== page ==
A. Constitutional Violations

Within this liberal framework of notice pleading, the plaintiffs seek to state a claim against Deputy Krieger and Boone County under 42 U.S.C. § 1983. In order to state a claim under § 1983, the plaintiffs must allege that a government official, acting under color of state law, deprived them of a right secured by the Constitution or laws of the United States. Brokaw v. Mercer County, 235 F.3d 1000, 1009 (7th Cir.2000); see also Gomez v. Toledo, 446 U.S. 635, 640, 100 S.Ct. 1920, 64 L.Ed.2d 572 (1980). Here, the plaintiffs allege that Deputy Krieger and Boone County violated the couple's Fourth Amendment right to be free from unreasonable searches and seizures. The complaint also alleges that the defendants deprived them of their right to associate intimately without interference from the state, a right they describe as a liberty interest protected by the Fourteenth Amendment's Due Process Clause. Deputy Krieger and Boone County do not dispute that their alleged actions were taken "under color of state law," Brokaw, 235 F.3d at 1009. Instead, the parties' disagreement surrounds whether the plaintiffs have alleged the violation of a federal right. We shall address each constitutional claim in turn.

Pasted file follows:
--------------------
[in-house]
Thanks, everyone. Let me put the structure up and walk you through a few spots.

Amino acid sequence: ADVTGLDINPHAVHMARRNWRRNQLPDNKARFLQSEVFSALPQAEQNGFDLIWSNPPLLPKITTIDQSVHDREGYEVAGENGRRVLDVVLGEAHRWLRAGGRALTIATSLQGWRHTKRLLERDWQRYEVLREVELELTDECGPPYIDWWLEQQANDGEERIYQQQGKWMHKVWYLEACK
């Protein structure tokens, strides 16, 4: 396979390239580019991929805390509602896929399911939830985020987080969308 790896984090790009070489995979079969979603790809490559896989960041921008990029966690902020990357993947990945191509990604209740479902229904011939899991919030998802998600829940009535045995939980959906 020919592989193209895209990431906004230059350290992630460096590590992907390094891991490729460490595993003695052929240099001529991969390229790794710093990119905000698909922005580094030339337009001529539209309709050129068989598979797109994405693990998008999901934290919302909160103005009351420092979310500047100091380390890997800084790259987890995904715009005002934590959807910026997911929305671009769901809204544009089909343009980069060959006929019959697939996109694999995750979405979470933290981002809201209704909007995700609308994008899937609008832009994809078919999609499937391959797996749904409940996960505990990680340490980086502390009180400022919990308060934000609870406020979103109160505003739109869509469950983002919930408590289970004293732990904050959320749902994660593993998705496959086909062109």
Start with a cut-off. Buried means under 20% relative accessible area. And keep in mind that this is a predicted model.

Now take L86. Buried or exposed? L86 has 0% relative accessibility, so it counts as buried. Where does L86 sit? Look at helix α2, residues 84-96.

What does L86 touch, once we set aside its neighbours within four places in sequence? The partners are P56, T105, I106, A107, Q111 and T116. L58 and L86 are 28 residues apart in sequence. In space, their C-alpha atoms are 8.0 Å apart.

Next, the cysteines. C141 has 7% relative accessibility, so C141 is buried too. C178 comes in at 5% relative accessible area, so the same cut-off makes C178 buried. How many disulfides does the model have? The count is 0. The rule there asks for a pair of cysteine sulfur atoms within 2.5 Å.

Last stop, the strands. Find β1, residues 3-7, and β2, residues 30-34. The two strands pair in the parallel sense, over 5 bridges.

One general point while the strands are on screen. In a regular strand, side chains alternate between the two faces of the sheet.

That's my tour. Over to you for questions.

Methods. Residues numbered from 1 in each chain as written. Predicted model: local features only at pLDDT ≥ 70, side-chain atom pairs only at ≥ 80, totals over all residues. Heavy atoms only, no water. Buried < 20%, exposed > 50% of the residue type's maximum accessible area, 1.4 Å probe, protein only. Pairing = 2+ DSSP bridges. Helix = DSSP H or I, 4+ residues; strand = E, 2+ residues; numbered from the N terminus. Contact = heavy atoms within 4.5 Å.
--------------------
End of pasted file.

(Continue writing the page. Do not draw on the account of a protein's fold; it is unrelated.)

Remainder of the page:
1. Fourth Amendment

The plaintiffs' first constitutional claim is covered by a specific constitutional provision, the Fourth Amendment. When the violation of a specific right is alleged, such a claim "must be analyzed under the standard appropriate to that specific [constitutional] provision." County of Sacramento v. Lewis, 523 U.S. 833, 843, 118 S.Ct. 1708, 140 L.Ed.2d 1043 (1998). The Fourth Amendment protects "[t]he right of the people to be secure in their persons, houses, papers, and effects, against unreasonable searches and seizures." Only government activity that constitutes either a "search" or a "seizure" is regulated by the Fourth Amendment.

A search takes place when the state intrudes upon an individual's legitimate interest in privacy. See Katz v. United States, 389 U.S. 347, 88 S.Ct. 507, 19 L.Ed.2d 576 (1967); see also...